Indeed, Bangar’s valiant history of resistance must be remembered and retold. The martyrs of Bangar and the many others who laid their lives in the defense of our Motherland must forever be put in a place of honor and recognition. #

Sources:

  • Charges of cruelty, etc., to the natives of the Philippines. Letter from the Secretary of War relative to the reports and charges in the public press of cruelty and oppression exercised by our soldiers toward natives of the Philippines. February 19, 1902;
  • THE TINIO BRIGADE: Anti-American Resistance in the Ilocos Provinces 1899-1901, Orlino A. Ochosa;
  • Ilocano Responses to American Aggression 1900-1901, William Henry Scott;
  • La Union: The Making of A Province 1850-1921, Adriel Obar Meimban, Ph.D;
  • The Philippine Insurrection Against the United States: A compilation of documents with notes and introduction by John R.M. Taylor

Photos used in this article had been supplied by the historian.

Mac Ramirez is a long-time national president of the Commission on Elections Employees Association. His previous history article for Kodao may be read here: MYSTERY SOLVED: Spot where missing Fil-Am war memorial once stood finally found

Aklan activists warn of more SEMPO-like raids by police, seek help from local leaders

Activists in Aklan province asked local political and church leaders to stop a repeat of mass killings and arrests of civilians by the police.

In an open letter to Aklan Governor Florencio Miraflores, Representatives Carlito Marquez and Teodorico Haresco Jr., the Diocese of Kalibo, and the local media as well as to residents, members of Bagong Alyansang Makabayan (BAYAN)-Aklan and the Makabayan bloc appealed for the preemption of a repeat of the massacre of nine Tumandok tribespeople and the mass arrest of 16 others last December 30.

“[W]e are conveying our appeal to all of you to take necessary actions so as to preempt the perceived occurrence of a SEMPO (Synchronized Enhanced Management of Police Operations)-like operation in the province of Aklan that might cost lives of civilians,” the activists said in their January 24 letter.

The activists explained they suspect that another SEMPO is about to happen, this time against leaders and members of both BAYAN-AKLAN and the MAKABAYAN Bloc in the province.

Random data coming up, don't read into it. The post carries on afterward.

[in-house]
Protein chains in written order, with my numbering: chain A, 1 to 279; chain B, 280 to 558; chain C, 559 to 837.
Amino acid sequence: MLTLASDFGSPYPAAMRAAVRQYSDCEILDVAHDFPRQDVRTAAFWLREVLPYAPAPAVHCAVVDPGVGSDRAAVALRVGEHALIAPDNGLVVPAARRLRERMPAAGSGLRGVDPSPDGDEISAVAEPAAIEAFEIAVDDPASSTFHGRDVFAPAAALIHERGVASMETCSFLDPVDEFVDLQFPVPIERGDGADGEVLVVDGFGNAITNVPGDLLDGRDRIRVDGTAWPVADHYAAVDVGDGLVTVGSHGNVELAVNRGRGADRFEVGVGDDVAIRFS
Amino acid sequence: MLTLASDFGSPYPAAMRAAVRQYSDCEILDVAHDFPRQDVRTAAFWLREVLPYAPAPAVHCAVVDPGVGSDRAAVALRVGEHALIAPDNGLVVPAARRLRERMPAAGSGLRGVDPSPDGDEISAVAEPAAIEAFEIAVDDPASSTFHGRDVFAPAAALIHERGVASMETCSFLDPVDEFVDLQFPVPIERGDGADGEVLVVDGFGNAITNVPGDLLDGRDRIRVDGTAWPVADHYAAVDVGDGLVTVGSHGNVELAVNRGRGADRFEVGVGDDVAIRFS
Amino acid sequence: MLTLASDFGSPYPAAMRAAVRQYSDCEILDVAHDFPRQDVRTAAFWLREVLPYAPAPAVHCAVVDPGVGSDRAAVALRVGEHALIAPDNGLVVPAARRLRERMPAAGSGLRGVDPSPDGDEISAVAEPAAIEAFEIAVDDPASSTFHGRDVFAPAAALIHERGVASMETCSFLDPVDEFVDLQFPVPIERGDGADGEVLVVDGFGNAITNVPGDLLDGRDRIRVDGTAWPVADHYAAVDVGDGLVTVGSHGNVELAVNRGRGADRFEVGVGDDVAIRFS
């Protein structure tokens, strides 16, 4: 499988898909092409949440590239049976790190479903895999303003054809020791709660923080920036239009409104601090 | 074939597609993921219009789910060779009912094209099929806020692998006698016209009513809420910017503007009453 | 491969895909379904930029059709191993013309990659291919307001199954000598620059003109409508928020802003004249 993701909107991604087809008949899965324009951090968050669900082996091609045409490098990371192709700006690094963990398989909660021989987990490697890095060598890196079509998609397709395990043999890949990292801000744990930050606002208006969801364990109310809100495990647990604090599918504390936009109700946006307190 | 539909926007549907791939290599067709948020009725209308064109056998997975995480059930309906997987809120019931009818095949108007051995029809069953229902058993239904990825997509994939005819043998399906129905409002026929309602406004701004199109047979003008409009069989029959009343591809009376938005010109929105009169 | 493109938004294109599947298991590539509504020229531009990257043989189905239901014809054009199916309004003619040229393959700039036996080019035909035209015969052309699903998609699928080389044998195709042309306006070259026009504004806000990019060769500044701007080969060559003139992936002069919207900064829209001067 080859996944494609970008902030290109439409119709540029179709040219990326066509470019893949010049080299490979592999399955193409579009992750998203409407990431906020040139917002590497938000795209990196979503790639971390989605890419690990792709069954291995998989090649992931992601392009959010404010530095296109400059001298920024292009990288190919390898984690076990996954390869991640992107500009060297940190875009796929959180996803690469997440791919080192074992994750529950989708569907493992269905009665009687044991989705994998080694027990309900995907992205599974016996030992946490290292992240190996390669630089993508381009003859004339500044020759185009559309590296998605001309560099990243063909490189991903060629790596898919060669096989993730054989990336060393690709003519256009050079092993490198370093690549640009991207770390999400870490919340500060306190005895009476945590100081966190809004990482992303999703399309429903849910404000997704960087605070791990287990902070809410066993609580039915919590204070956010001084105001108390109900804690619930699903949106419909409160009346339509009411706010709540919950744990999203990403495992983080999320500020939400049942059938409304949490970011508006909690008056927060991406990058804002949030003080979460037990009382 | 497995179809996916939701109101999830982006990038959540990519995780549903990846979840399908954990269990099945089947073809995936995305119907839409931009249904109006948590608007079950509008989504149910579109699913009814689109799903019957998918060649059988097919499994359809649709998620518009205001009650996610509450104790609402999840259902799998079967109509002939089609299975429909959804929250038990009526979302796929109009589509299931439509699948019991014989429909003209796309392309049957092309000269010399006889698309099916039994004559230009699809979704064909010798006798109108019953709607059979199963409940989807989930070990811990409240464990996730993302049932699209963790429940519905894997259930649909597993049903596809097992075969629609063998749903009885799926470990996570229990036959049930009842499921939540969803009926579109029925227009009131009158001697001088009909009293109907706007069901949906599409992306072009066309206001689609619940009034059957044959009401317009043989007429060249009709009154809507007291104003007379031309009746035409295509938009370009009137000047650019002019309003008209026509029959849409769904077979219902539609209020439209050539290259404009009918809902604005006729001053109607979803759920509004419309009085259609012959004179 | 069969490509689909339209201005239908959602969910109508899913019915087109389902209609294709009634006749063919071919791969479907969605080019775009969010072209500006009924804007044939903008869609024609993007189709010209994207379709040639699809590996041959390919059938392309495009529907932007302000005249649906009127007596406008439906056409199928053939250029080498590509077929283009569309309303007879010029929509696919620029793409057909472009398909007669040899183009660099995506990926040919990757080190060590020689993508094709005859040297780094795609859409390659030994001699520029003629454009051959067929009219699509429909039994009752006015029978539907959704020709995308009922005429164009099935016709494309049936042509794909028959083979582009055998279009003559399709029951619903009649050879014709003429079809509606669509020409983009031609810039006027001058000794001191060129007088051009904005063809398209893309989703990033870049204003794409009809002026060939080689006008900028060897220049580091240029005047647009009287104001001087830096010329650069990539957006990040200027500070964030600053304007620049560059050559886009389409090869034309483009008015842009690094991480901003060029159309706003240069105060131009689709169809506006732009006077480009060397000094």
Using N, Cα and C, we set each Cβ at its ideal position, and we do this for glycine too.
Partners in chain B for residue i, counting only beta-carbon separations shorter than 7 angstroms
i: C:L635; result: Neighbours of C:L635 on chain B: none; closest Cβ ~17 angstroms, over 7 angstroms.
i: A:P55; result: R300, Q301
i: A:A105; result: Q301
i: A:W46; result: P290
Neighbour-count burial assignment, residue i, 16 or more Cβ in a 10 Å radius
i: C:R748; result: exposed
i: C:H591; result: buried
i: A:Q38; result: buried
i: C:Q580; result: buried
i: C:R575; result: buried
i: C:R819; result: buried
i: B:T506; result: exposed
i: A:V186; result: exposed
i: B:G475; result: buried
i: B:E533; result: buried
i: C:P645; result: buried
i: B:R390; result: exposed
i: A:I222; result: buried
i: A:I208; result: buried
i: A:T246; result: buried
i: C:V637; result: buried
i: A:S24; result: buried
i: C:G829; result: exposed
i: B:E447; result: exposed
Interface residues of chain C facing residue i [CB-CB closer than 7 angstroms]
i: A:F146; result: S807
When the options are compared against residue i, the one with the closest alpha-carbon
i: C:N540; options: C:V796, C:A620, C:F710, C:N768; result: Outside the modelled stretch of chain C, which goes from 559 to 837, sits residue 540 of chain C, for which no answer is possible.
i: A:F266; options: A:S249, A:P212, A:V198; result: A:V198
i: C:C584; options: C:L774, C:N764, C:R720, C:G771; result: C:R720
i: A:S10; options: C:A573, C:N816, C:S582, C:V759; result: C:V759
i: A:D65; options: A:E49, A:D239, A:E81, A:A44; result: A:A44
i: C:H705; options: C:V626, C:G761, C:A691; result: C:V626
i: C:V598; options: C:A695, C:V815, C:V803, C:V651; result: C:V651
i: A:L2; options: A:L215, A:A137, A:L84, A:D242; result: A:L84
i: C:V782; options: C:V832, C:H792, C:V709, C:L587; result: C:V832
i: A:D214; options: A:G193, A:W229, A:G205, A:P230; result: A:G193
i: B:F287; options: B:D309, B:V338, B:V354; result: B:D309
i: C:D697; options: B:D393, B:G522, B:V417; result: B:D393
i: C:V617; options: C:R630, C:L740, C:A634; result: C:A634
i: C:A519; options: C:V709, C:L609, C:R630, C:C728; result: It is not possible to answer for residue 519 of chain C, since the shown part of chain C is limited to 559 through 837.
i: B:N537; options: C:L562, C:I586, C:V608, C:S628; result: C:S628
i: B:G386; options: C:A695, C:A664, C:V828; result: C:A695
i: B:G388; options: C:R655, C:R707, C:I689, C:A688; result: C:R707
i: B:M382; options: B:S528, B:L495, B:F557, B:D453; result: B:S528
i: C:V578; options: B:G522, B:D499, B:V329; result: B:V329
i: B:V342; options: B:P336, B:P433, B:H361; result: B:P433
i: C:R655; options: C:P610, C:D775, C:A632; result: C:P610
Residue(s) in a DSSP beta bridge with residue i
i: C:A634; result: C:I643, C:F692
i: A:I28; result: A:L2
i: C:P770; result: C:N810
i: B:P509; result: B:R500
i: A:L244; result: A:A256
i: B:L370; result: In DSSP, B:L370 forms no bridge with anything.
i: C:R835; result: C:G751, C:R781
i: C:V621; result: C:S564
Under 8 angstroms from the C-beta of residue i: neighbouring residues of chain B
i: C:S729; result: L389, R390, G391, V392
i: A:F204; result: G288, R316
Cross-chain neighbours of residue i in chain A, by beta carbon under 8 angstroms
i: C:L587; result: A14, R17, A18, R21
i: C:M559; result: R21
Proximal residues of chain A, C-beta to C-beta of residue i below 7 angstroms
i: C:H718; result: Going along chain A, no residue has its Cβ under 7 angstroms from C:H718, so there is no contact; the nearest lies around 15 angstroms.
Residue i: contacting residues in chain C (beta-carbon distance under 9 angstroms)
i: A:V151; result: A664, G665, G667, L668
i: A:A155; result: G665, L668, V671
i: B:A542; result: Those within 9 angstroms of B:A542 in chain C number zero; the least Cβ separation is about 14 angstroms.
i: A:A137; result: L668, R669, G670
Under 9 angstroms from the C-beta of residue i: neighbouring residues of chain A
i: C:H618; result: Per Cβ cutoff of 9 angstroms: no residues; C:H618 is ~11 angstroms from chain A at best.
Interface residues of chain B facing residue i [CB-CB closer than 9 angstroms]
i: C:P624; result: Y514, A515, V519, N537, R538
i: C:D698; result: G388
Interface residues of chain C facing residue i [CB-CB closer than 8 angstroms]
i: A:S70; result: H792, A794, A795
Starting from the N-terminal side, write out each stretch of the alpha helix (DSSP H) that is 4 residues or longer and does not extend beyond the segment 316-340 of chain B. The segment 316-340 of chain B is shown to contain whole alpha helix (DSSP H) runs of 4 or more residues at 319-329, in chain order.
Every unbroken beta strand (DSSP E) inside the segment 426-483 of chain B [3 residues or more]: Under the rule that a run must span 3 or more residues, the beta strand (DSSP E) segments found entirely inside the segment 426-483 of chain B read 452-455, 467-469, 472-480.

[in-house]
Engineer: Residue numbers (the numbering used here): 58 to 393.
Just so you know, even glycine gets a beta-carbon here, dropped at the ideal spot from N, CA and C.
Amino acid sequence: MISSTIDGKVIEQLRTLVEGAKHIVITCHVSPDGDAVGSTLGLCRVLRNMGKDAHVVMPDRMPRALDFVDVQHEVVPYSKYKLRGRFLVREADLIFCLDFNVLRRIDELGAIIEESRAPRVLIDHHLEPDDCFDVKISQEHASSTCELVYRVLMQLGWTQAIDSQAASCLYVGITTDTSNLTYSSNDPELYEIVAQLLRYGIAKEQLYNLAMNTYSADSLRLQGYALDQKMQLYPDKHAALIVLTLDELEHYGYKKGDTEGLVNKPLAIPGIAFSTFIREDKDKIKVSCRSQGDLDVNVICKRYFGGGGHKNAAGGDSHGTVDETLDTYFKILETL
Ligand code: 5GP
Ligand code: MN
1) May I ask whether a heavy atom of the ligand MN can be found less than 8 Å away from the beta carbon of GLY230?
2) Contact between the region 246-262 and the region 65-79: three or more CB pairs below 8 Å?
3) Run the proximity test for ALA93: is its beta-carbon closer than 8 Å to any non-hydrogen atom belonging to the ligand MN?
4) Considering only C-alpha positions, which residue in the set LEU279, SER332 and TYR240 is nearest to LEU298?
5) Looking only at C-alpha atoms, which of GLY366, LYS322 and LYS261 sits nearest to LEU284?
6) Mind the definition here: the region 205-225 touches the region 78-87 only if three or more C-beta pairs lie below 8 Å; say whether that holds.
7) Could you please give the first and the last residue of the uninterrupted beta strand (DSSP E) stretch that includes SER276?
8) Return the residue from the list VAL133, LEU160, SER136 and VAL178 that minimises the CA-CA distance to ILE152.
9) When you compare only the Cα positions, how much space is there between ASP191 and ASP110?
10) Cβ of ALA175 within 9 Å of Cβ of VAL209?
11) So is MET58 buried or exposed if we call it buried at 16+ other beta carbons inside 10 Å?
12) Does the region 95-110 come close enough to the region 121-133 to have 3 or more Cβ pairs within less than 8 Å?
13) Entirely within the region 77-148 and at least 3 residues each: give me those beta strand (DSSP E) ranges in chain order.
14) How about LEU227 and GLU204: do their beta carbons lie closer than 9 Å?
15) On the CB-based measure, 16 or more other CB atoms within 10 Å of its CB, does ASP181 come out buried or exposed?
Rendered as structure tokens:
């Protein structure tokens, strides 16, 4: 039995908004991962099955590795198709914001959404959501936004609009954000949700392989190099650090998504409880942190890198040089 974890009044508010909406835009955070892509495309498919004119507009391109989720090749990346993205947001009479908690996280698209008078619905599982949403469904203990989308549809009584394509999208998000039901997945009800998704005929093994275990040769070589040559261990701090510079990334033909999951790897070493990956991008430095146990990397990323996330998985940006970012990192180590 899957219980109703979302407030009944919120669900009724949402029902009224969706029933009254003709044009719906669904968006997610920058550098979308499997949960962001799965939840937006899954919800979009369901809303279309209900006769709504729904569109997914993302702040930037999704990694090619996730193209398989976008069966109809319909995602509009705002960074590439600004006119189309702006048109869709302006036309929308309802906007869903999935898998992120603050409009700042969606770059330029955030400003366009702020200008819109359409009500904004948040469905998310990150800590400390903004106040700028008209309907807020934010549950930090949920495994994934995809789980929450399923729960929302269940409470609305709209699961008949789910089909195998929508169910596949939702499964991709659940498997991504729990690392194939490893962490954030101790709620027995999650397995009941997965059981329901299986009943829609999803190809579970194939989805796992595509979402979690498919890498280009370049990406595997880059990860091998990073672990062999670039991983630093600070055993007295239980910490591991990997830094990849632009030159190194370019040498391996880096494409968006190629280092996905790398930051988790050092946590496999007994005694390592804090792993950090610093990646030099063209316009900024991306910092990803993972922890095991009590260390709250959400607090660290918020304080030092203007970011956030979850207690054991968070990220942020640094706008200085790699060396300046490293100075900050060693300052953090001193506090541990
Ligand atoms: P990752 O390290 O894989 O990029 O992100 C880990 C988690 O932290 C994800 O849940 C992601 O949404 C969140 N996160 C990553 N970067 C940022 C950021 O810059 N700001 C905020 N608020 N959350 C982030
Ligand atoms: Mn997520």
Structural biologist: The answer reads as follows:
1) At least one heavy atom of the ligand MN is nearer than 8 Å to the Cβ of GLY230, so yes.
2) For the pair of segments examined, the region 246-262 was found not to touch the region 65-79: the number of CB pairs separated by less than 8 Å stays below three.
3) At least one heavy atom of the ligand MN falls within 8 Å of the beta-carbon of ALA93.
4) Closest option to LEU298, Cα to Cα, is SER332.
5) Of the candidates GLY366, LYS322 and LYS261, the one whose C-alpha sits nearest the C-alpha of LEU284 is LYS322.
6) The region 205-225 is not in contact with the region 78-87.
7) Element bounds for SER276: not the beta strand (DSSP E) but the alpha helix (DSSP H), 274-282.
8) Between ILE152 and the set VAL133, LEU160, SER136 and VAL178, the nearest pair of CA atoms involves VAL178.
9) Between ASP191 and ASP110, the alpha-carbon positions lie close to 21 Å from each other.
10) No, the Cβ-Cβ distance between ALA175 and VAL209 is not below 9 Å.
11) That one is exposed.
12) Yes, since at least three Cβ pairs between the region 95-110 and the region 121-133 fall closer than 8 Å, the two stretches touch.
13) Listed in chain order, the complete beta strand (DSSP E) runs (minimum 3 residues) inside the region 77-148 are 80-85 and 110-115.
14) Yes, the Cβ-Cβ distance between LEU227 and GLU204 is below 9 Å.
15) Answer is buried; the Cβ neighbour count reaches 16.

Makabayan is a group of progressive political parties that are members of the House of Representatives, including Bayan Muna, Gabriela Women’s Party, Kabataan Youth Party and ACT Teachers Party.

“We are making the public aware that the gale of red-tagging campaign of the NFT-ELCAC (National Task Force to End Local Communist Armed Conflict) is blowing strongly in the province of Aklan amid (the) crisis of COVID19,” they said.

The activists said tarpaulins demonizing their groups abound in Kalibo City while surveillance and monitoring of their activities increased since January 4.

The activists suspect that State forces are behind the harassments.

The 12th Infantry Battalion of the Philippine Army also increased its harangues against their organizations on its Sunday block time radio program, the activists complained.

The Tumandok had been subjected to the same threats and harassments before the Rizal Day massacre and mass arrests, the letter explained.

“The current red-tagging and subjecting of activists under intense surveillance are incidents that serve as preludes to warrant-less search and arrests, massacre and killings,” the activists said.

The appeal added that local political and church leaders personally know the activists who are engaged with them in dialogues and humanitarian activities for Aklanon’s welfare.

“Yes we are activists, but we are not terrorists,” the letter said.

“[W]e are appealing to the provincial government of Aklan through Governor Florencio T. Miraflores and to the Chairman of the Committee of on Human Rights in the Sangguniang Panlalawigan of Aklan to immediately take necessary action to protect our civil, constitutional and human rights as your constituents in the province,” the activists said. # (Raymund B. Villanueva)